Epigenome imputation leads to higher-quality datasets and helps improve GWAS interpretation. J. Ernst1, A. K. Sarkar2,3, L. D. Ward2,3, M. Kellis2,3 1) UCLA, Los Angeles, CA; 2) MIT, Cambridge, MA; 3) Broad Institute, Cambridge, MA.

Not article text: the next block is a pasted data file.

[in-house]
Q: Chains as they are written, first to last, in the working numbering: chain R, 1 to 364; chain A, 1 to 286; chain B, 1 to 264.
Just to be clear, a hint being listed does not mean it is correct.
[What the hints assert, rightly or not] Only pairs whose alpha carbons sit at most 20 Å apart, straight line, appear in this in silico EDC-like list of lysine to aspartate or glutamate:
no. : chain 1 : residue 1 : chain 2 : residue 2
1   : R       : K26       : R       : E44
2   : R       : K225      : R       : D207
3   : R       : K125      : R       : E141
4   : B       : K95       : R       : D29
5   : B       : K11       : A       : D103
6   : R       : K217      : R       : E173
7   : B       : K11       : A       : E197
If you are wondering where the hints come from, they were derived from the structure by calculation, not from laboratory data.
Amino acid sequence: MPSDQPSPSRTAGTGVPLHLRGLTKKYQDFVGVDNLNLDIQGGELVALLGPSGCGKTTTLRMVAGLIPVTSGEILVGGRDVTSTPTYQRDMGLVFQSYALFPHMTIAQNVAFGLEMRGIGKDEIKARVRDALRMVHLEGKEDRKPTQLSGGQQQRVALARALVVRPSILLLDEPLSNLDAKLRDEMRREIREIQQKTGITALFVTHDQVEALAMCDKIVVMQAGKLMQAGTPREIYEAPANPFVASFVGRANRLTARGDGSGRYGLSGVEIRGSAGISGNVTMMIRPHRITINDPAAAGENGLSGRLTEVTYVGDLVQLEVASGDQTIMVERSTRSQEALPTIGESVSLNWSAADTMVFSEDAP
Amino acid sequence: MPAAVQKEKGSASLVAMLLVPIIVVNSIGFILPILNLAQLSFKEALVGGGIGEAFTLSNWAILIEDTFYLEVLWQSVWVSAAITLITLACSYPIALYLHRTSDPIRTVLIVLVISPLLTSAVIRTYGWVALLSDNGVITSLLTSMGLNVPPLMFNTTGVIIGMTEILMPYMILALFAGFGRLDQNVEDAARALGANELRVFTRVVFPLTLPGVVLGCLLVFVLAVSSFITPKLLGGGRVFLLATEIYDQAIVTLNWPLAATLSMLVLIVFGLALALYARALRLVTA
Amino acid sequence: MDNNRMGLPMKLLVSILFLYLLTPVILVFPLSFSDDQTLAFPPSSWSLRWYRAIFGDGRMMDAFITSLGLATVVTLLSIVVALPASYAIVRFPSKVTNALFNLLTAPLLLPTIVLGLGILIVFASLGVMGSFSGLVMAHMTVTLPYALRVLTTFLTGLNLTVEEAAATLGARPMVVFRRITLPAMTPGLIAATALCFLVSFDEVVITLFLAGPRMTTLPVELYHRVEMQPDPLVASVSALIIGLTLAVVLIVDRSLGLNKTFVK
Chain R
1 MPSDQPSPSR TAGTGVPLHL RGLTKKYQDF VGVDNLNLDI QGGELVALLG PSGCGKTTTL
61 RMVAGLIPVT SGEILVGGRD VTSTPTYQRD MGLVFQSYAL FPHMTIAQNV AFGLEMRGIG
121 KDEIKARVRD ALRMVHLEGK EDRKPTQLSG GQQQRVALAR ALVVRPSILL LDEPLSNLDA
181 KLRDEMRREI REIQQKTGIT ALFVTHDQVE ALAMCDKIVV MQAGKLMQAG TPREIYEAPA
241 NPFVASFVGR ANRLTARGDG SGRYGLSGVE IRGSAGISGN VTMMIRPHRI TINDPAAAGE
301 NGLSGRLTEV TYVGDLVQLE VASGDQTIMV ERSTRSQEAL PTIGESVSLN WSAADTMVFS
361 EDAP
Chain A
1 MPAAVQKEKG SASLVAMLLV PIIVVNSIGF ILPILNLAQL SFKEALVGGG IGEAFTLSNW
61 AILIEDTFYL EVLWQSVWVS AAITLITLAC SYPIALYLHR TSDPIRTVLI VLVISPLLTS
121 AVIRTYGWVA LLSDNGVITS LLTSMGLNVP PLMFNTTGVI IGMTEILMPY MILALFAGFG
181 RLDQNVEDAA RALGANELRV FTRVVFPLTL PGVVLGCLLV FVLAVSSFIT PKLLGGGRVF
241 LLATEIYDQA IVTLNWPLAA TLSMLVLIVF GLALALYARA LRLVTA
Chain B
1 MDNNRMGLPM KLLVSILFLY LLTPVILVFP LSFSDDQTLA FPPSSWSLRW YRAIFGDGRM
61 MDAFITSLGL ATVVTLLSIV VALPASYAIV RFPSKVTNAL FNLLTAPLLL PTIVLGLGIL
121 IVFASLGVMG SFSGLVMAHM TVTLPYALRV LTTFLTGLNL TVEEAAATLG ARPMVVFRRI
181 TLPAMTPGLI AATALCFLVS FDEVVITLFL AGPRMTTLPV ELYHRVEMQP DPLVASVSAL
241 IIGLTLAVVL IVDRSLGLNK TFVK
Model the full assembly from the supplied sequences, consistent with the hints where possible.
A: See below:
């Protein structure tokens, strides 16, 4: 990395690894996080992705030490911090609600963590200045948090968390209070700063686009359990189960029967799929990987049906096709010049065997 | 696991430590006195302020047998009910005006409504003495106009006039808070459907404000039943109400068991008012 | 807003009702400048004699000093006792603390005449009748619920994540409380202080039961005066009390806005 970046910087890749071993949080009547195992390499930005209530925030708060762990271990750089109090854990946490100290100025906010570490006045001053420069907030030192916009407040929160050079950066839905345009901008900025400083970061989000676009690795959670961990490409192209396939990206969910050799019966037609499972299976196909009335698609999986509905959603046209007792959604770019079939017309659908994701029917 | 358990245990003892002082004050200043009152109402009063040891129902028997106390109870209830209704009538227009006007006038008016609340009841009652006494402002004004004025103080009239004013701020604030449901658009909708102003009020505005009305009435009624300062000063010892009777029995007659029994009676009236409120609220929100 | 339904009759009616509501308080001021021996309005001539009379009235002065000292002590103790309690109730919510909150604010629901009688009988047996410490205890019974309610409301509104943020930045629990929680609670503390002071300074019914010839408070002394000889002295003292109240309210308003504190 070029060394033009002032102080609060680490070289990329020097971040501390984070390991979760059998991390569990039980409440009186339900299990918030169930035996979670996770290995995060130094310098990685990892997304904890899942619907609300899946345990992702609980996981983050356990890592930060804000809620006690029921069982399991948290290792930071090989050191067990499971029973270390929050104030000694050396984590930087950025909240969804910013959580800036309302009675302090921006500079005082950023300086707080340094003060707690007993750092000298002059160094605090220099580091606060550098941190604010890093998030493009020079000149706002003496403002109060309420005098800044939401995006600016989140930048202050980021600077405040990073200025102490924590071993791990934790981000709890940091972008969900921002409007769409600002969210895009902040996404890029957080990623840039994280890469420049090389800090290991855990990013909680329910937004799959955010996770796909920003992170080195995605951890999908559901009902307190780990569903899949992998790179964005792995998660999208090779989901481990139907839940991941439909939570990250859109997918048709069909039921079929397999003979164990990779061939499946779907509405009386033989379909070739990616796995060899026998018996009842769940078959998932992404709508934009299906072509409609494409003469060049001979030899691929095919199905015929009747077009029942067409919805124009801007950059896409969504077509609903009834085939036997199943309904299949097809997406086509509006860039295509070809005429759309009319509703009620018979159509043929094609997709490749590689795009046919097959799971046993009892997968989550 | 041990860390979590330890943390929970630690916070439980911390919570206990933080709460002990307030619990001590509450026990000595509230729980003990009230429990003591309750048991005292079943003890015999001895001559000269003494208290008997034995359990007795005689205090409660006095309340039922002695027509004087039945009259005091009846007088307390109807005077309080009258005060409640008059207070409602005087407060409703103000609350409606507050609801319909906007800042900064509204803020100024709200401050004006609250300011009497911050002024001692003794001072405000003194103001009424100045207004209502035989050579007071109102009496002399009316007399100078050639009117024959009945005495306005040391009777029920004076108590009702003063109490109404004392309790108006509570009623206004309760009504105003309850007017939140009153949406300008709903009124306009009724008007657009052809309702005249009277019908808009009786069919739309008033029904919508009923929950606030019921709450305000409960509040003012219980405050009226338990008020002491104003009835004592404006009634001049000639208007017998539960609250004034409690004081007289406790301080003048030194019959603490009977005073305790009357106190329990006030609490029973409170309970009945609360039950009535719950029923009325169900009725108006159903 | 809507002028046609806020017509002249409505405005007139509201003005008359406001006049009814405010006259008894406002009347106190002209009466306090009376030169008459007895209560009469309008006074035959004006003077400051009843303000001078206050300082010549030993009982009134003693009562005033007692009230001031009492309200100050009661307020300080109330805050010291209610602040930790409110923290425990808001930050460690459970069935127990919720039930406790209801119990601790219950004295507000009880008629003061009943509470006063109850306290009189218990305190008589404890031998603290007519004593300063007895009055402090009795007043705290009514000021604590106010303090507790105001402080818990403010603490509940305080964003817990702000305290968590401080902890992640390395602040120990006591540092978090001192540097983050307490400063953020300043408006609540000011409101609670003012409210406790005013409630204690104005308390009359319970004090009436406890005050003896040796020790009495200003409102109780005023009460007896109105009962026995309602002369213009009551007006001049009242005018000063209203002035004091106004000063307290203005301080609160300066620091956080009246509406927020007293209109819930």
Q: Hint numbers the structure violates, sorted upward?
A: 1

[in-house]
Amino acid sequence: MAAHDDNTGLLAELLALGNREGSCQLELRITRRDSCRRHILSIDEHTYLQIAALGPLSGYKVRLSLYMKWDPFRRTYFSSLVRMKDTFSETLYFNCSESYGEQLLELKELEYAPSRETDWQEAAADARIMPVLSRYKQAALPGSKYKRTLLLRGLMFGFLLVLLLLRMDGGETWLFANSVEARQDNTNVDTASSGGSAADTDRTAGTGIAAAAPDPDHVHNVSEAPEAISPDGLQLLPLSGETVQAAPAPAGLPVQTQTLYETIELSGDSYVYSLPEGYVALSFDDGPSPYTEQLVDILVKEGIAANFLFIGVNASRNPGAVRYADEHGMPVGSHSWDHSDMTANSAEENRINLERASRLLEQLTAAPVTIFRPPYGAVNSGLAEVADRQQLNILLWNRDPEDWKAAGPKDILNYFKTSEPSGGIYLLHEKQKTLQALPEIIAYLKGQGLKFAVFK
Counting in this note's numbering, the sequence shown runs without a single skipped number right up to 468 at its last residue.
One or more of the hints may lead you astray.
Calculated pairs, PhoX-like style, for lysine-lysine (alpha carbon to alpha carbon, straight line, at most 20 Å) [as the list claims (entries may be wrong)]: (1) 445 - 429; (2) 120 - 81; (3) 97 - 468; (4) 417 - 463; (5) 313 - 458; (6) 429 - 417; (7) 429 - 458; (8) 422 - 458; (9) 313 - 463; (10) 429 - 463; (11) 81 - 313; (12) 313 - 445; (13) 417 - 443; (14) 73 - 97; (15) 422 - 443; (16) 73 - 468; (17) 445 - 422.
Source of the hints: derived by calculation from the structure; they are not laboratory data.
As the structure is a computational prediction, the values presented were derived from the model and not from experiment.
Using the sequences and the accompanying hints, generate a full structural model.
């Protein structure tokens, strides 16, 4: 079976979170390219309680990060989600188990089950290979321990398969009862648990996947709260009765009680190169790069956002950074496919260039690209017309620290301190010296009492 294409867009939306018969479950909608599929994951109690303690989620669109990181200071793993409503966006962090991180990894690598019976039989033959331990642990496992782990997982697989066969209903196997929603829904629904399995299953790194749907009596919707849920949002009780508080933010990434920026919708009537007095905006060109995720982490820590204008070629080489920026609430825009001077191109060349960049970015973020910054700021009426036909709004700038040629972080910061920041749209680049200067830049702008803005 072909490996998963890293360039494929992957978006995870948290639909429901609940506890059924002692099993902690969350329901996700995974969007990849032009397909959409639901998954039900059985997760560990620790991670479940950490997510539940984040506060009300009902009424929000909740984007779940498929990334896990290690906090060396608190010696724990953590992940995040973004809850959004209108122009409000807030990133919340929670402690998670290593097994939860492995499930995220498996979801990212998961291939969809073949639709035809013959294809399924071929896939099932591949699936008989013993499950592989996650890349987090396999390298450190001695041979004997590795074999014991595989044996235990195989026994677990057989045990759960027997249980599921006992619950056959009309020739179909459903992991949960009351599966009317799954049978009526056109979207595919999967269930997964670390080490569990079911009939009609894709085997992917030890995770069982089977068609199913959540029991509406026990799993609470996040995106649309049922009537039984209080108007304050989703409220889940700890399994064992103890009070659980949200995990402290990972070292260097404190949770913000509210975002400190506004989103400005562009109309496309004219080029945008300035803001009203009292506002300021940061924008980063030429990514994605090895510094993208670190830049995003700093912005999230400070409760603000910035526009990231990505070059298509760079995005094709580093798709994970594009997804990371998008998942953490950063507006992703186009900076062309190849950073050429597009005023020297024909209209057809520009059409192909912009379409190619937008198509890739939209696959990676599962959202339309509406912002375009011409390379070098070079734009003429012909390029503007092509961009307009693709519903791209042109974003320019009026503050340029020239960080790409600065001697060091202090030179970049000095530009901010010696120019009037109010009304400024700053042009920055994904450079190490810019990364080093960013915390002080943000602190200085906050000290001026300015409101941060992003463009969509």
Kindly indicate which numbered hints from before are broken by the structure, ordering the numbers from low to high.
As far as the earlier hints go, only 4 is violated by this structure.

Genotype imputation has become commonplace to predict unobserved genetic variants by leveraging the increasing availability of large reference panels. The field of epigenomics is now undergoing a similar transition, with thousands of reference epigenomes becoming available, presenting an analogous opportunity to exploit their highly correlated nature for prediction of unobserved epigenomic datasets, and to generate more robust versions of existing datasets. Here, we introduce epigenome imputation, and apply it to predict 4,315 high-resolution genome-wide signal maps, consisting of 31 histone marks, DNaseI, DNA methylation, and RNA-Seq across 127 tissue/cell types. Imputed signal tracks show strong concordance with observed signal, and surpass observed datasets in effective sequencing coverage, consistency, and correspondence with relevant gene annotations, even for tissue-restricted genes. Global discrepancy between observed and imputed data reveals low-quality experiments, while local discrepancies in high-quality datasets in some cases reveal locations of tissue-specific regulation. We also use imputed datsets to generate the most comprehensive prediction of chromatin state information to date, consisting of 25 chromatin states based on 12 imputed marks across 127 epigenomes. Imputed epigenomic data has important implications for interpreting genome-wide association studies. Across 108 traits, we find that chromatin states learned using imputed data significantly improve the power to detect functional enrichments of trait-associated loci in characterized active enhancer regions, increasing the number of significant cell type-trait pairs by approximately 30%. They also show improve enrichments for variants that are weakly-associated (below genome-side signficance): for Type 1 Diabetes for example, we find increased enrichment in enhancer regions, better distinction of disease-relevant cell types and regions, and reduced enrichment for spurious cell types and regions. We expect that our method, software implementation, and imputed datasets will be a valuable community resource and that epigenome imputation will become a widely-adopted complement to large-scale experimental mapping of epigenomic information.

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